A (backhanded) ode to Vancouver

As I prepared to write my final installment of this column, I skimmed through my email inbox hoping to find something stimulating. I came across my daily update from the Spacing Ottawa blog, a faction of a magazine devoted to covering urban culture and development in major Canadian cities. I was surprised that the post of the day, entitled “Learning from Others,” was written by one of the writers who was visiting Vancouver.

Vicky Smallman, who lives in Ottawa, expressed her appreciation of Vancouver’s public spaces, noting that “it's easy to be envious of the big things – great parks, great transit, and so on. But what gets me going are the little things. Like public washrooms in playgrounds... open ones! In March! Or fenced dog runs tucked into unexpected spaces. Or street signs that clearly indicate cycling routes. Or orderly lineups at bus stops.”

In this column, I have been critical of Vancouver. Deservedly so, as Vancouver certainly has its share of faults, not limited to homelessness or fledgling support for its arts community, but also in terms of public space. However, it also does a damn large number of things right, and as a native Vancouverite, it’s incredibly easy to take those things for granted.

Many cities more powerful than Vancouver have struggled with their planning, and become almost notorious for it. The esteemed capital city of Washington, DC, which was known as the “murder capital” in the early 1990s, has seen crime rates decrease, but they remain shockingly high today. Australia’s capital city, Canberra, while maintaining relatively low levels of crime, is mostly ignored by tourists, and overshadowed by the coastal cities of Sydney and Melbourne.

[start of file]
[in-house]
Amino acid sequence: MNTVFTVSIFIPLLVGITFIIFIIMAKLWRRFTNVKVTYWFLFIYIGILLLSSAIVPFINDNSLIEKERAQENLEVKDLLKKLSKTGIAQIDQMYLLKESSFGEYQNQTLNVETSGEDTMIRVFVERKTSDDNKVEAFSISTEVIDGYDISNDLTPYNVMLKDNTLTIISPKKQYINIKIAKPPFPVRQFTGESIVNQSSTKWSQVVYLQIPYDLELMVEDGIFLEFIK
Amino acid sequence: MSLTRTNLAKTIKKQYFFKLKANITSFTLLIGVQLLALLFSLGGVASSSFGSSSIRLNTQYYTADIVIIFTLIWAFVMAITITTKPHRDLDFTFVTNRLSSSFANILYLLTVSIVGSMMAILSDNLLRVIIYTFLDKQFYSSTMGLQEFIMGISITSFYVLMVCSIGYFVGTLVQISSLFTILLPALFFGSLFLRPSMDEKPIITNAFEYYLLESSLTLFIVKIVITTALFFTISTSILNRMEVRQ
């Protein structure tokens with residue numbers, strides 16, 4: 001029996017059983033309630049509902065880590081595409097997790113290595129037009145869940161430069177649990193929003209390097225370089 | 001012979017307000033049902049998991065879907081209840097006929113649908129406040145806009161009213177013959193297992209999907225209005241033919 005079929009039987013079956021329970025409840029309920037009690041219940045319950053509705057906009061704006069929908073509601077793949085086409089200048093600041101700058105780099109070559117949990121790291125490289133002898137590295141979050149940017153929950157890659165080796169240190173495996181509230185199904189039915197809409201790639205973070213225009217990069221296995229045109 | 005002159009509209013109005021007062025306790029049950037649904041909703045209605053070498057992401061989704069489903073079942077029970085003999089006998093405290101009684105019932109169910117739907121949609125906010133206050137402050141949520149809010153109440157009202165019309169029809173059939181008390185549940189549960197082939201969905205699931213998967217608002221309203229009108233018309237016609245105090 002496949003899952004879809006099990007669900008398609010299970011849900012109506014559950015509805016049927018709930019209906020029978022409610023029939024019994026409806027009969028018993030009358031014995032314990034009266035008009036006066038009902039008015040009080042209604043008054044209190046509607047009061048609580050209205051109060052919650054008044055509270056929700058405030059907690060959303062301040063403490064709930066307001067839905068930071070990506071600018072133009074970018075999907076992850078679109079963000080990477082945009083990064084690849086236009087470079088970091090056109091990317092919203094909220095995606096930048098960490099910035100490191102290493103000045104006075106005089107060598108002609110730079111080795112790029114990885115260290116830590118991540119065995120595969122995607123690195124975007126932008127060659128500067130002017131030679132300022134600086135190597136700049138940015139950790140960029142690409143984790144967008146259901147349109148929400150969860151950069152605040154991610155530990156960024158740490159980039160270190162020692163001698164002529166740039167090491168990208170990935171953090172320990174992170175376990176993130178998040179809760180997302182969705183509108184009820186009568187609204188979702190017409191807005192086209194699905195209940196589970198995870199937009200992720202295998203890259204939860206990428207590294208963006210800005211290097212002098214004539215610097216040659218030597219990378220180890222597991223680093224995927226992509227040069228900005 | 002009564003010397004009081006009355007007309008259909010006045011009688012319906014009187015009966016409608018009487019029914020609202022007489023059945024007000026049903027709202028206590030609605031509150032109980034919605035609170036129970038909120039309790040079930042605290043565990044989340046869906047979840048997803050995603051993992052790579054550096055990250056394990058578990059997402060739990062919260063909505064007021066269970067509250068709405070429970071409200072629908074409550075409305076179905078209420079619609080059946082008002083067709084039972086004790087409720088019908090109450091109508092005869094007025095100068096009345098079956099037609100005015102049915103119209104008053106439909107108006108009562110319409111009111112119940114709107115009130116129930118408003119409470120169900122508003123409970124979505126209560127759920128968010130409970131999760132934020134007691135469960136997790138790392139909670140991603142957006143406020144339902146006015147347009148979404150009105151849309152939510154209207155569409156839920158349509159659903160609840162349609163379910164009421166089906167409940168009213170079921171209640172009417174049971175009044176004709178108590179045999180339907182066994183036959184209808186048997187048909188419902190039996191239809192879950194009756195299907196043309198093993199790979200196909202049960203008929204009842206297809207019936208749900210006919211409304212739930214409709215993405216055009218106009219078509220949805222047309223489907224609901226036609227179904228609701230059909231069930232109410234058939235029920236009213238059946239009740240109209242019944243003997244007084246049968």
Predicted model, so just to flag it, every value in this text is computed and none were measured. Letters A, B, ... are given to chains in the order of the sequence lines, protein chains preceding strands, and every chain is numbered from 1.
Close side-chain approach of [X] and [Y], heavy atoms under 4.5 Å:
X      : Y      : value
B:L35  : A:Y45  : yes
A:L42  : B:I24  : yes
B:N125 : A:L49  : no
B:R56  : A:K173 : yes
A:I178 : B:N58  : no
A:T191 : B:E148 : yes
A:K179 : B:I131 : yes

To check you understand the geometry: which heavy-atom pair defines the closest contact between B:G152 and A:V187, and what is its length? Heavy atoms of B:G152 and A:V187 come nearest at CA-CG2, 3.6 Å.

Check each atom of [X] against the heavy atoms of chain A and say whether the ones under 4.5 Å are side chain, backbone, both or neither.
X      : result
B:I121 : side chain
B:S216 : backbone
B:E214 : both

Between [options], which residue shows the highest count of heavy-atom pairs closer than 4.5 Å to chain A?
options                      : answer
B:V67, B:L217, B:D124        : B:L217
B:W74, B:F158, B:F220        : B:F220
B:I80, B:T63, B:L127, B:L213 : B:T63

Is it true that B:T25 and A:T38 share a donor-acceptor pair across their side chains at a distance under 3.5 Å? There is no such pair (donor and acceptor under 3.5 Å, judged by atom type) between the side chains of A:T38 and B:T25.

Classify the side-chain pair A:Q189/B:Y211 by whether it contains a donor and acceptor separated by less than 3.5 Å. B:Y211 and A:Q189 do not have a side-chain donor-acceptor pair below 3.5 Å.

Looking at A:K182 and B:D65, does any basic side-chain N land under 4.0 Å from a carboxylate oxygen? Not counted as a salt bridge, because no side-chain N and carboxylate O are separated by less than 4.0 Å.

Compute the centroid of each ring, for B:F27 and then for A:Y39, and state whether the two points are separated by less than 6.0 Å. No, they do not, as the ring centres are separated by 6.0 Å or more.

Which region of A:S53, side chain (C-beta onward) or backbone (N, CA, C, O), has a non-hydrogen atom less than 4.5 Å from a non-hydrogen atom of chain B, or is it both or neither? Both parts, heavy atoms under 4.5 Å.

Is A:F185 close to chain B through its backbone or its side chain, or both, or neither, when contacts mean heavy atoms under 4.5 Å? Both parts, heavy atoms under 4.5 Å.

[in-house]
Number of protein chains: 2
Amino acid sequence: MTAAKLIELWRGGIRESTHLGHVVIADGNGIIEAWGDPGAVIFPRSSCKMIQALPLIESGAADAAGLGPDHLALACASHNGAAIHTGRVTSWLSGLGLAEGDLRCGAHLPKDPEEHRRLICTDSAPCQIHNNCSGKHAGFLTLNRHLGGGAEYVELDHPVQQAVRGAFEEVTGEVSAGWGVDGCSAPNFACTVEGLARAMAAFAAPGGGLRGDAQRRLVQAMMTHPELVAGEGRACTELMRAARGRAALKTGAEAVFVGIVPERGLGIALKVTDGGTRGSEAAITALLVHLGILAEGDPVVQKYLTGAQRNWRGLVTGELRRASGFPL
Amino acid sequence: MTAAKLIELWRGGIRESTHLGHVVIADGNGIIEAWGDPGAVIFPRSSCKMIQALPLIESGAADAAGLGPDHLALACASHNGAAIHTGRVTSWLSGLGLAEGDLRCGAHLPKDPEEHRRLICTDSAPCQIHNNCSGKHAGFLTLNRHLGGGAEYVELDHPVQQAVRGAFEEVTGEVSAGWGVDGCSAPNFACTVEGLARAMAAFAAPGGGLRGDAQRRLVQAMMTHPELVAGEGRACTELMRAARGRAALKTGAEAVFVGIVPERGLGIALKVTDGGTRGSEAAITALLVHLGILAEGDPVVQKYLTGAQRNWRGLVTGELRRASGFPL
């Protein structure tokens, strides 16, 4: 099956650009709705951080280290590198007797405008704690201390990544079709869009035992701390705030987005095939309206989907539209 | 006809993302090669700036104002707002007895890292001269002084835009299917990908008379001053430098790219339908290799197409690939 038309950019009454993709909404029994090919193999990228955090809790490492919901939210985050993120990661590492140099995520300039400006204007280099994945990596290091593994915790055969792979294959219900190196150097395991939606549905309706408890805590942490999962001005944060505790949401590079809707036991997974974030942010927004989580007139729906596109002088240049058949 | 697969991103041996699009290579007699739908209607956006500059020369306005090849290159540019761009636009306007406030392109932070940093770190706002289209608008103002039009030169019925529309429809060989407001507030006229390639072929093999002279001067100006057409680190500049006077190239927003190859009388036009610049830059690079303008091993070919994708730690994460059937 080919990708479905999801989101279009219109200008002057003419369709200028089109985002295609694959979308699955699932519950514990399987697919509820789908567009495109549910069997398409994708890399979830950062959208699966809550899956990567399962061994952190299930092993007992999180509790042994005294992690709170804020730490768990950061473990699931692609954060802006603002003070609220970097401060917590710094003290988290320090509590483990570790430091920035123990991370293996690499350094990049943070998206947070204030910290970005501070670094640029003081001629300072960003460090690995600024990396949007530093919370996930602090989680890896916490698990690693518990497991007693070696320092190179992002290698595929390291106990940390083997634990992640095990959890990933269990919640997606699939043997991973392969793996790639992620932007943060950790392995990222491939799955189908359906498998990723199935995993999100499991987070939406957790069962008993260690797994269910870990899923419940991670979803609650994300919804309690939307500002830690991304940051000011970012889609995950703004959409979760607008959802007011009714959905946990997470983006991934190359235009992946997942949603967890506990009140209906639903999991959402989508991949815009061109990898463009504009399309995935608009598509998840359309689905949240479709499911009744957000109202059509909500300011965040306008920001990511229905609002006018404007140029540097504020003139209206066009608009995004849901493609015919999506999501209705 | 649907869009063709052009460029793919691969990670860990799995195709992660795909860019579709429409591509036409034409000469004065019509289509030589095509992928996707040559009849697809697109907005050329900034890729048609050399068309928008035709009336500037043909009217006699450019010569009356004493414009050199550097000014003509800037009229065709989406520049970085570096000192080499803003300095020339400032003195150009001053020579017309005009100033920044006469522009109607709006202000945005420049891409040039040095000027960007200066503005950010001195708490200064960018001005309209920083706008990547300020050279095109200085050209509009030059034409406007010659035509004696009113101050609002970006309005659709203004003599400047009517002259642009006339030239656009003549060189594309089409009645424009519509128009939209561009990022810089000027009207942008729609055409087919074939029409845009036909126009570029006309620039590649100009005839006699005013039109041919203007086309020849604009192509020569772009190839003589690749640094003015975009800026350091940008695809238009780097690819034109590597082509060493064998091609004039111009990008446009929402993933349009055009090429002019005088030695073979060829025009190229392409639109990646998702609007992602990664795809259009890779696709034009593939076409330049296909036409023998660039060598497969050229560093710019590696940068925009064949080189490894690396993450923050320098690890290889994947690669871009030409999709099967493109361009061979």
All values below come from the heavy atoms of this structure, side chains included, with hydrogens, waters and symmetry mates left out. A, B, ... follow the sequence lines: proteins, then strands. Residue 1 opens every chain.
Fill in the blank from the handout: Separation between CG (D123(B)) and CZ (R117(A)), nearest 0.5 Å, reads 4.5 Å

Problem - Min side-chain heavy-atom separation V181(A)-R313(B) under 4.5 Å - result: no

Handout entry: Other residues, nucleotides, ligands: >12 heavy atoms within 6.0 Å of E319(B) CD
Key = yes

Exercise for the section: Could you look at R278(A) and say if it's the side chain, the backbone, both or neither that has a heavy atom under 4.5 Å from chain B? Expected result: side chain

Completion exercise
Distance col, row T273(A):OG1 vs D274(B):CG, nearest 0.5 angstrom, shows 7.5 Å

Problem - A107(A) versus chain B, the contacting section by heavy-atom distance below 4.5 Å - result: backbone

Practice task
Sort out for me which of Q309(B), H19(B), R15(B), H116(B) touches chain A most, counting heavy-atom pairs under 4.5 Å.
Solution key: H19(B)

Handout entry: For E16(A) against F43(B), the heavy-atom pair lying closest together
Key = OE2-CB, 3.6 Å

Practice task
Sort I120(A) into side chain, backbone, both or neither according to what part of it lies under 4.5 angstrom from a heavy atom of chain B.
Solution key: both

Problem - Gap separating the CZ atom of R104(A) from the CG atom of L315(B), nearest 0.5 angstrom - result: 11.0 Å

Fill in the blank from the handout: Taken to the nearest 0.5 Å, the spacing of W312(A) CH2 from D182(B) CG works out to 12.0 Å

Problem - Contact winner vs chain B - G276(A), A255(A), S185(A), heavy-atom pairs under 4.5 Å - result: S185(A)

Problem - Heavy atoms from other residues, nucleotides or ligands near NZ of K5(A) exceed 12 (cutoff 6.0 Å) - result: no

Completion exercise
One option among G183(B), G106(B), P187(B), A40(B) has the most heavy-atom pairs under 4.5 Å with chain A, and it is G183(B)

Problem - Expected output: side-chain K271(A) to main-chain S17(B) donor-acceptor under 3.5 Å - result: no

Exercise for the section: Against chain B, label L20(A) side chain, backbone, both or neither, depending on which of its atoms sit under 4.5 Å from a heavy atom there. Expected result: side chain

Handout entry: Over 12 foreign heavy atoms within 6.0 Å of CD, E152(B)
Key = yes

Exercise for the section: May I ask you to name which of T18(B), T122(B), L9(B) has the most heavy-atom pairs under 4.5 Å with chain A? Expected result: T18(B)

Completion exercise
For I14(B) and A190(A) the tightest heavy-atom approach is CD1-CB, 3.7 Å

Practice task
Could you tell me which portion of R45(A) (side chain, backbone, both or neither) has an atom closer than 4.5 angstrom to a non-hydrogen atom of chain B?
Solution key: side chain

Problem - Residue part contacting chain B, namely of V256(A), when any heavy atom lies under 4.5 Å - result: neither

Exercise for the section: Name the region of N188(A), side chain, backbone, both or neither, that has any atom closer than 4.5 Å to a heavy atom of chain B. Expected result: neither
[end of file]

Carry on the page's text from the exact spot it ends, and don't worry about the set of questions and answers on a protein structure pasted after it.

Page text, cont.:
Seeing your own city with fresh eyes is difficult until you actually leave it. Empirically, it made sense to me that Vancouver would not be included on Foreign Policy magazine’s list of the top 50 “Global Cities,” which based its rankings on business activity, human capital, information exchange, cultural experience, and political engagement. However, I had no real perspective for it until I visited Jakarta last summer, and experienced that bizarrely intangible quality that a truly powerful global city has.

Its success within Canada is remarkable, but Vancouver is still miles away from New York, or even Toronto, in terms of the business activity and political engagement that give a city global power. That said, it may not matter that Vancouver lacks political might on a global scale, since it still ranks as the world’s most livable city, a ranking that may be more important to residents.

Vancouver is often held up as a beacon of planning excellence.

Its “living first” strategy of integrating residential, business, commercial, and public space seamlessly in the downtown core is unique in its success.

It has also been mimicked in various locations. The famously opulent (and now famously indebted) Emirate of Dubai modeled a portion of its marina waterfront after False Creek, though in a decidedly more elaborate way.

For all its good and bad, Vancouver still has a million things to improve upon. I criticize this city because I do love living here. Whether I would prefer another city is irrelevant at the moment, and I only hope that perhaps one day Vancouver will be known for a vibrant arts scene and street life, rather than for zoning models.

//Natalie Corbo

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